Power

Power
thought they took it away
when they exchanged our crowns for chains
Pain
Embedded
not knowing where I was headed
Lost
I tried to remember the footprints
In the sand
I followed the man
to a ship
enslaved
On it engraved
“Blacks only”
Only blacks
They tried to attack
So I ran
Back through the sand
Feeling the pressure
Of my grandmother on my heels
she revealed
Power
Pointing to my heart
She said this is where you start
And ever since
It all made sense
they couldn’t take
what I was told to embrace
away from me
my grandmother paved for me
A road I was allowed to walk on
She was silenced
I was allowed to speak
So when I scream I try to teach
why the black woman is said to be angry
We were possessions never the prize
His story told so many lies
that’s when I knew
I had to become the voice for you
through darkness the only way to get through the night
Is to follow the sounds that lead you to light
blinded but able to hear
I can feel her close she’s very near
whispering the legacy
on the road she paved for me
I wait for other women
so they can too find peace

Cover art by Yewande Taiwo

 

 

 

 

 

 

 

 

 

 

 

 

 

 

 

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Related reading: “Women in Prison” by El Jones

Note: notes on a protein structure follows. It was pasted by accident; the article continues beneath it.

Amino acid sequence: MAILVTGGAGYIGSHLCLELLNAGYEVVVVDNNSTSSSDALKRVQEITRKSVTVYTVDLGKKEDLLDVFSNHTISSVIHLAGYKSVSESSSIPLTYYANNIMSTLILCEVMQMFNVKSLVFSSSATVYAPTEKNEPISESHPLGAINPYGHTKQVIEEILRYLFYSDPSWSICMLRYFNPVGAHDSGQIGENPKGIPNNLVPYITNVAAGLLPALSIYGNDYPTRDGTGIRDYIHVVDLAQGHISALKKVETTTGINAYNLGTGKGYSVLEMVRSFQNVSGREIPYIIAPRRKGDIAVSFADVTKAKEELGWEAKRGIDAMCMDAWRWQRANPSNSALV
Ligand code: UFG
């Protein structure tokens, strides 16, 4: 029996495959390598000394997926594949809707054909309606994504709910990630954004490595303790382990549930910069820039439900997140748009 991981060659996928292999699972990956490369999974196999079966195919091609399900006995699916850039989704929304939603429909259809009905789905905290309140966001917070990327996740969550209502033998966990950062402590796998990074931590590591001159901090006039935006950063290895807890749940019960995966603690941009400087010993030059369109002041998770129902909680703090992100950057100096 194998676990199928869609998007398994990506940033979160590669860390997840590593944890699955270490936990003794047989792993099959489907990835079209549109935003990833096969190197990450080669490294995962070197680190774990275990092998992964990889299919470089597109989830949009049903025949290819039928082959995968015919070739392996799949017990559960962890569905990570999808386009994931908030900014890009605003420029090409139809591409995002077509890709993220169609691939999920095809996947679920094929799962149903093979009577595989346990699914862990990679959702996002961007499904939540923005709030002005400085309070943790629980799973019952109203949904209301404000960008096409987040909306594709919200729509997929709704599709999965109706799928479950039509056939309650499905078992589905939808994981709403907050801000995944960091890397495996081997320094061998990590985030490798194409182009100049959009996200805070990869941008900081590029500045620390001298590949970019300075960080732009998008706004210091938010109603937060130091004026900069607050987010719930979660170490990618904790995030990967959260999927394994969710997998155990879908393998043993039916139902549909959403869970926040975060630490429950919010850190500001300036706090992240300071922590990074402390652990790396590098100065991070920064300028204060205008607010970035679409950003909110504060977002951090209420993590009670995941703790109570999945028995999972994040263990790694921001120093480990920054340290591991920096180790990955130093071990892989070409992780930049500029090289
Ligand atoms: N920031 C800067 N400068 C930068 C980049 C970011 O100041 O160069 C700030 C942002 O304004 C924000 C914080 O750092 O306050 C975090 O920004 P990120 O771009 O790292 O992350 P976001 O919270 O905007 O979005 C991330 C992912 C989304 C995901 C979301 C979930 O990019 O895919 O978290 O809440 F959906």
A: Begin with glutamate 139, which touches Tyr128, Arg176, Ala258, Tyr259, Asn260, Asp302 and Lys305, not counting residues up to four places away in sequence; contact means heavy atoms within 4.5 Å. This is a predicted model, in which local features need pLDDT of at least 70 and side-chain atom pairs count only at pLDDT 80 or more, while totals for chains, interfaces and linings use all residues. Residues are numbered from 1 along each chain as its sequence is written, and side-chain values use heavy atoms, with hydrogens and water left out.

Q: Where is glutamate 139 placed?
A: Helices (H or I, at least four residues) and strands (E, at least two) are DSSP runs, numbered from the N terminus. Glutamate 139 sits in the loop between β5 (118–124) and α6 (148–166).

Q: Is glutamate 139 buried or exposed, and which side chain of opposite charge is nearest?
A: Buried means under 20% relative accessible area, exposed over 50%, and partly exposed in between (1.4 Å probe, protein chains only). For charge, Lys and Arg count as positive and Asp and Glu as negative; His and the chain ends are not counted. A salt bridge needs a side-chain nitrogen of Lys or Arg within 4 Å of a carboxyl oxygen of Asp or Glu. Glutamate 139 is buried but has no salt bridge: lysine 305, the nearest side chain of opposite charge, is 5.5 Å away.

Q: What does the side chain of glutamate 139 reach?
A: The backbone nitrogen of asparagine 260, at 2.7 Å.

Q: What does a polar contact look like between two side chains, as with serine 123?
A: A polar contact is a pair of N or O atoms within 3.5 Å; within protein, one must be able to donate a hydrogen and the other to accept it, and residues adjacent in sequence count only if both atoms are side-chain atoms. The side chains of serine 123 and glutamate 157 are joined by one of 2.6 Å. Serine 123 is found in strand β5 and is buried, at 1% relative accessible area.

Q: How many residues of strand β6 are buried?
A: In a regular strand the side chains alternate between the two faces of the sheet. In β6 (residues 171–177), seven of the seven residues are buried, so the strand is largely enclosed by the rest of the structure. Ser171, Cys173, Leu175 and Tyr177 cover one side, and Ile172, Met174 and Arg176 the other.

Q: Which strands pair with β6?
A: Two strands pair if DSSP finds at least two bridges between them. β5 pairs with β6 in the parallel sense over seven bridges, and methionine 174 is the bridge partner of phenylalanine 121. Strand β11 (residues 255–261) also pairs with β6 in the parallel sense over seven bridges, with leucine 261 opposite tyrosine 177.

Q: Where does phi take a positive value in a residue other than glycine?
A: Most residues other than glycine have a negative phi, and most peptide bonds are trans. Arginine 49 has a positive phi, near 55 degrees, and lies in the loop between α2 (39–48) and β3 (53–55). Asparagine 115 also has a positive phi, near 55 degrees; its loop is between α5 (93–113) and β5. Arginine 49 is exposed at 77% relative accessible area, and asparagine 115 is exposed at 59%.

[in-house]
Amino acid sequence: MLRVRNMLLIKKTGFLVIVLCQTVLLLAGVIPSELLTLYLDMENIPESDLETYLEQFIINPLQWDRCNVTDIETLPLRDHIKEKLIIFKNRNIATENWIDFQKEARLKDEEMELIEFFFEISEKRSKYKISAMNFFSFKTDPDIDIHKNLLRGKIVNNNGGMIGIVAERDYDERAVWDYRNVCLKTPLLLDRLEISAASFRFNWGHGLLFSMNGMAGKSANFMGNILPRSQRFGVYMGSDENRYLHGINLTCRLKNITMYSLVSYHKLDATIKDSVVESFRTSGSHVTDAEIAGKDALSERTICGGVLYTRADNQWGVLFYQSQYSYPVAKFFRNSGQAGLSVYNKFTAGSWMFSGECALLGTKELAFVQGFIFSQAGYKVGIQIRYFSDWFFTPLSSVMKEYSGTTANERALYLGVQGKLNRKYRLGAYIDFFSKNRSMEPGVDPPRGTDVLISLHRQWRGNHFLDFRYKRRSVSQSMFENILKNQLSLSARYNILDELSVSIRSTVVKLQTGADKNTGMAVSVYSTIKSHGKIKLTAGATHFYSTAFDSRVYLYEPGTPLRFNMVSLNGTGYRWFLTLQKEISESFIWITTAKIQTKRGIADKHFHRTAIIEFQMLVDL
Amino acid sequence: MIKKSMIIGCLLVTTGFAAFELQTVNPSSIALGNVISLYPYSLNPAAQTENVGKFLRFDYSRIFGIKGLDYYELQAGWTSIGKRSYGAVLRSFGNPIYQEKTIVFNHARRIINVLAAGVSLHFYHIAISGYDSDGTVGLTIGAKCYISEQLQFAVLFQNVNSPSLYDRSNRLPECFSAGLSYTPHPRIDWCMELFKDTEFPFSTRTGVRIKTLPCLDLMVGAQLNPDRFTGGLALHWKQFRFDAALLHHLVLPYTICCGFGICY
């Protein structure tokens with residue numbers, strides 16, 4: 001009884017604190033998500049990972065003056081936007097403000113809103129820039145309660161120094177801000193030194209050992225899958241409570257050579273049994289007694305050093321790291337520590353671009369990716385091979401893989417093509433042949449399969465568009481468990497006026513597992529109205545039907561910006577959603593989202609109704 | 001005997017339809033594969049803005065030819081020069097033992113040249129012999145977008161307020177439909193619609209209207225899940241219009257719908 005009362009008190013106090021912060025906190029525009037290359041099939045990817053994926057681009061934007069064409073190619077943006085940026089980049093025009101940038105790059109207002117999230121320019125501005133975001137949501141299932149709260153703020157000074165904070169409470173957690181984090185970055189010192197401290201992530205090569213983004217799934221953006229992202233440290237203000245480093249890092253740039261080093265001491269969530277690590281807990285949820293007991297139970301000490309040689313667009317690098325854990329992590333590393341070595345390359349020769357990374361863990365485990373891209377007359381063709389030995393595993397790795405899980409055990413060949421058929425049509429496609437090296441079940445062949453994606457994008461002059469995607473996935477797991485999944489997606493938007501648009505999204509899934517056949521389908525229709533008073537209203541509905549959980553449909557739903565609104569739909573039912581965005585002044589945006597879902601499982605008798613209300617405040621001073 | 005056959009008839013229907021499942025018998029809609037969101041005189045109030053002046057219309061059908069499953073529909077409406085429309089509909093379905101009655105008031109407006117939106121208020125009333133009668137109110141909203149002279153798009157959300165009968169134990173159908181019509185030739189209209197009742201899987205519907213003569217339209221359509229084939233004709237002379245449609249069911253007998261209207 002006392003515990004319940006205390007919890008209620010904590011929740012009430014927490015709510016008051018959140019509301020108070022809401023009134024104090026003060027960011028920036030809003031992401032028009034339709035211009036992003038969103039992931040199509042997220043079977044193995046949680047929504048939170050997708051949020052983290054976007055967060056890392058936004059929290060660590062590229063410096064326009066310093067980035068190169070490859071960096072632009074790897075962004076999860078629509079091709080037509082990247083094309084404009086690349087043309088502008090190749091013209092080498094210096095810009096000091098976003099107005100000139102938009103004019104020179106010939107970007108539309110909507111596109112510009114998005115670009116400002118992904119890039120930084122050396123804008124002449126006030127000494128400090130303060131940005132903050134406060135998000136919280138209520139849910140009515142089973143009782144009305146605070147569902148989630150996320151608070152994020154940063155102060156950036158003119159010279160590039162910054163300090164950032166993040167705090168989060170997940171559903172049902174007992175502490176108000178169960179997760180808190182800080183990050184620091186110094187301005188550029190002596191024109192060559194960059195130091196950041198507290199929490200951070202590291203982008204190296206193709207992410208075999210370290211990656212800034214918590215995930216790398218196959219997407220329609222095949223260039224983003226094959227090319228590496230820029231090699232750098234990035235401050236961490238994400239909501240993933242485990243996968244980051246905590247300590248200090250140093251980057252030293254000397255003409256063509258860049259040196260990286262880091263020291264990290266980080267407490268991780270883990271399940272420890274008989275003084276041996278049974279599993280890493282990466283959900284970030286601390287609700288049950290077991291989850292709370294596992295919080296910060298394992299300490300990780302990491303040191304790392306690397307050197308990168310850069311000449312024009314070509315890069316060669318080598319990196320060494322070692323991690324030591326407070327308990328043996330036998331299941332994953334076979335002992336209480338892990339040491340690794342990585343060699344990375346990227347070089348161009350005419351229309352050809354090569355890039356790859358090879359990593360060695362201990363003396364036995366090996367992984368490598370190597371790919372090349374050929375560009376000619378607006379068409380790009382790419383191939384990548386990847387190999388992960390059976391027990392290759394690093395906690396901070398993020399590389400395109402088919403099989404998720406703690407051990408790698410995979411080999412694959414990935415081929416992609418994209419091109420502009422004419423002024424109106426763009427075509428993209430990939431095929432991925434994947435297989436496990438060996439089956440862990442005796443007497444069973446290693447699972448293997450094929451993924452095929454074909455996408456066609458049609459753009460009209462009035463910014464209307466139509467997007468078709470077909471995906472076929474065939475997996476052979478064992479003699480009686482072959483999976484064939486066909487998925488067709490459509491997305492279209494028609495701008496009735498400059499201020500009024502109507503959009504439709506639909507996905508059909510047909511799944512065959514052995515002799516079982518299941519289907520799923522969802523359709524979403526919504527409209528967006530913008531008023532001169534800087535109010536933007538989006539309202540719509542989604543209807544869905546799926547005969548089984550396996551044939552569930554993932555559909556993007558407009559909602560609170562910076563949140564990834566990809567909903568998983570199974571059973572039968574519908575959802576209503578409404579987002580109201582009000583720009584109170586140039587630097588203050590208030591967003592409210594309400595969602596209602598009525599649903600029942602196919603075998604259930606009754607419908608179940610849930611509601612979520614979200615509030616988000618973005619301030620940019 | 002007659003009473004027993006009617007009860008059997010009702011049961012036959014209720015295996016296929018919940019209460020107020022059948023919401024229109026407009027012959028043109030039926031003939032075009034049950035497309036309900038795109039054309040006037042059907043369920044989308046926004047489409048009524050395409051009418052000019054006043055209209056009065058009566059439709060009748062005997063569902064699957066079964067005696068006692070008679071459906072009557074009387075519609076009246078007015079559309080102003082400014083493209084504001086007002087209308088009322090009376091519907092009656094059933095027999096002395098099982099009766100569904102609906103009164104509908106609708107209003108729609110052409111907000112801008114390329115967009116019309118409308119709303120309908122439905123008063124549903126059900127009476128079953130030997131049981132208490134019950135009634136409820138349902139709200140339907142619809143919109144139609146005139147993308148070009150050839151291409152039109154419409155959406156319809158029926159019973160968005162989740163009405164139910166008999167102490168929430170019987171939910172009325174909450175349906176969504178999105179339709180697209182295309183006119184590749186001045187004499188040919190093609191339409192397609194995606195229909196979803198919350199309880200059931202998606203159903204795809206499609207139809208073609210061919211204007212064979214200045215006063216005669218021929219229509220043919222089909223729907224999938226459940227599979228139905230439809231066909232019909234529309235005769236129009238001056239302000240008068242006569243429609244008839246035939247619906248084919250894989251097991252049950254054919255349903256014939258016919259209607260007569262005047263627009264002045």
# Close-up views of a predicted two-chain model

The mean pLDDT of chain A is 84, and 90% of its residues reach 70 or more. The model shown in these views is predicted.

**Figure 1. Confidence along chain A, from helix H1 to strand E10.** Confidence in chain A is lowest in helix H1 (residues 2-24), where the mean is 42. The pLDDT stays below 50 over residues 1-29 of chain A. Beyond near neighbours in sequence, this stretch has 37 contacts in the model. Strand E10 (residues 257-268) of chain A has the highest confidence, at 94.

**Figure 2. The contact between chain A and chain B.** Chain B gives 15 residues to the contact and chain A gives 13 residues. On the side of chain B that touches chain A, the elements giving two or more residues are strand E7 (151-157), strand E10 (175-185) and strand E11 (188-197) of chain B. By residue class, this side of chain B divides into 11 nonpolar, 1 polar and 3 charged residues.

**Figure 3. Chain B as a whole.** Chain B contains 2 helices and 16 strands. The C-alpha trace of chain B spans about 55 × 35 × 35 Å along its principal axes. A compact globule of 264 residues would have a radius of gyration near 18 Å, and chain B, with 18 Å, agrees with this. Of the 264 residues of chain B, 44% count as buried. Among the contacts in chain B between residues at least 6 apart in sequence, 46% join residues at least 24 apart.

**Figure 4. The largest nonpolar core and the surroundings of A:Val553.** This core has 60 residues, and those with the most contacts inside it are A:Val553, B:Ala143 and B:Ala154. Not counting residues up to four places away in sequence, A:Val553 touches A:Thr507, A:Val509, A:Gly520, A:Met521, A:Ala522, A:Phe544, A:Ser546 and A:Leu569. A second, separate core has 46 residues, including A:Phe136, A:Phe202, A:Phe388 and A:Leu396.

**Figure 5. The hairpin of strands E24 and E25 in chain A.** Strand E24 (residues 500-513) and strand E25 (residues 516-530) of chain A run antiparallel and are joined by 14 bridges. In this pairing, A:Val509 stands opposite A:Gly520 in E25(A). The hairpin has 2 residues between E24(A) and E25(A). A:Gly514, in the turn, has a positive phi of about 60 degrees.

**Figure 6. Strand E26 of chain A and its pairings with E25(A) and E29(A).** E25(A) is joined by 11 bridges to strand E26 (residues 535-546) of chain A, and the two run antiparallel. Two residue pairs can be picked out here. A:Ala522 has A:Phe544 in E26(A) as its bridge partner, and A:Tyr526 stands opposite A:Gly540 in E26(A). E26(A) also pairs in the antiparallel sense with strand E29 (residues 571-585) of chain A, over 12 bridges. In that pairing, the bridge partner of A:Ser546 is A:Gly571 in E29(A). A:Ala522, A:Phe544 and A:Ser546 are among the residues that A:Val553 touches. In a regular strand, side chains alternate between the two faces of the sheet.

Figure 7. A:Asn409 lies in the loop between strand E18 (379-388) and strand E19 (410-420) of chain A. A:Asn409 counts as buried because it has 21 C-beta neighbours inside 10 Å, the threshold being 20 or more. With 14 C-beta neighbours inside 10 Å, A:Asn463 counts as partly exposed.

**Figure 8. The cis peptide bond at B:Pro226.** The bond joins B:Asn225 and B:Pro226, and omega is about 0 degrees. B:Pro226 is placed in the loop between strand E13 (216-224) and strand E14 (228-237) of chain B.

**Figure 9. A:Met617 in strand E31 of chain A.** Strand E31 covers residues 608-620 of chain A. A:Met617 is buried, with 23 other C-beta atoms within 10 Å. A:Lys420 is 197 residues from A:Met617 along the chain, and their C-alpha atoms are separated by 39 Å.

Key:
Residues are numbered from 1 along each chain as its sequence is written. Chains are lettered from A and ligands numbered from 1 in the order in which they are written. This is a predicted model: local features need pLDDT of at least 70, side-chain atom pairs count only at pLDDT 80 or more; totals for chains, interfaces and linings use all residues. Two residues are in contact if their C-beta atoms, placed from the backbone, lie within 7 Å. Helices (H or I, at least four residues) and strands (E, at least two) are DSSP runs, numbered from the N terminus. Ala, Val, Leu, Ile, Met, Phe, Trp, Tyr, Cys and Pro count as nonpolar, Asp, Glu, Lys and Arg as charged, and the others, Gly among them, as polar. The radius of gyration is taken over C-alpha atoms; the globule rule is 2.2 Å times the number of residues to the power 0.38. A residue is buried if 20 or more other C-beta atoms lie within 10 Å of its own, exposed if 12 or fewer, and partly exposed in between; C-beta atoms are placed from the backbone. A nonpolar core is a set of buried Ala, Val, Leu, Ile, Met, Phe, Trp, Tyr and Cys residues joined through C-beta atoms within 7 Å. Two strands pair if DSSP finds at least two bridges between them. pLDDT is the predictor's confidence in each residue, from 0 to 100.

Guyleigh Johnson

About Guyleigh Johnson

Guyleigh Johnson is a poet/spoken-word artist from North-end Dartmouth. She started writing at a young age but didn’t start to take it seriously until high school when a close family member died in a car crash. Finding an outlet to cope with her grieving she wrote poem after poem. Her poetry focuses on the needs of inner city youth and the challenges they face on a daily basis. From teenage mothers, jail time, drugs and more she tries to put herself in their shoes to view their perspective on life. Mainly to share their truth, Johnson believes “hurt people help people” and a common connection we all share is pain. In October 2016, she released her first collection of poetry entitled Expect the Unexpected (Pottersfield Press). Currently, she is enrolled at Dalhousie University with the hopes of obtaining a degree in journalism. She is also a Youth Coordinator for the Dartmouth Boys and Girls club as well as an African Student Support Worker for the Halifax Regional School Board. One of her goals is to give back to the community by empowering youth to see their potential and to realize the importance of self-love.

One thought on “Power

  1. Sharmin Zulfiqar

    Amen ๐Ÿ™๐Ÿฝ to all her your Goals
    May God grant you the Success,that you deserve the most,Amen ๐Ÿ™๐Ÿฝ……Your thought process seem to remind me of Maya Angelou’s writings and her style of expression,Bravo and hats off to you, both Kudos to you and your brilliantly moving works
    Sincerely yours
    S.Z
    Thanking you for Sharing your blissful work๐Ÿ‘๐Ÿค—โ˜ฎ๏ธโš“๏ธ๐Ÿ™๐Ÿฝ๐Ÿ’•

    Reply

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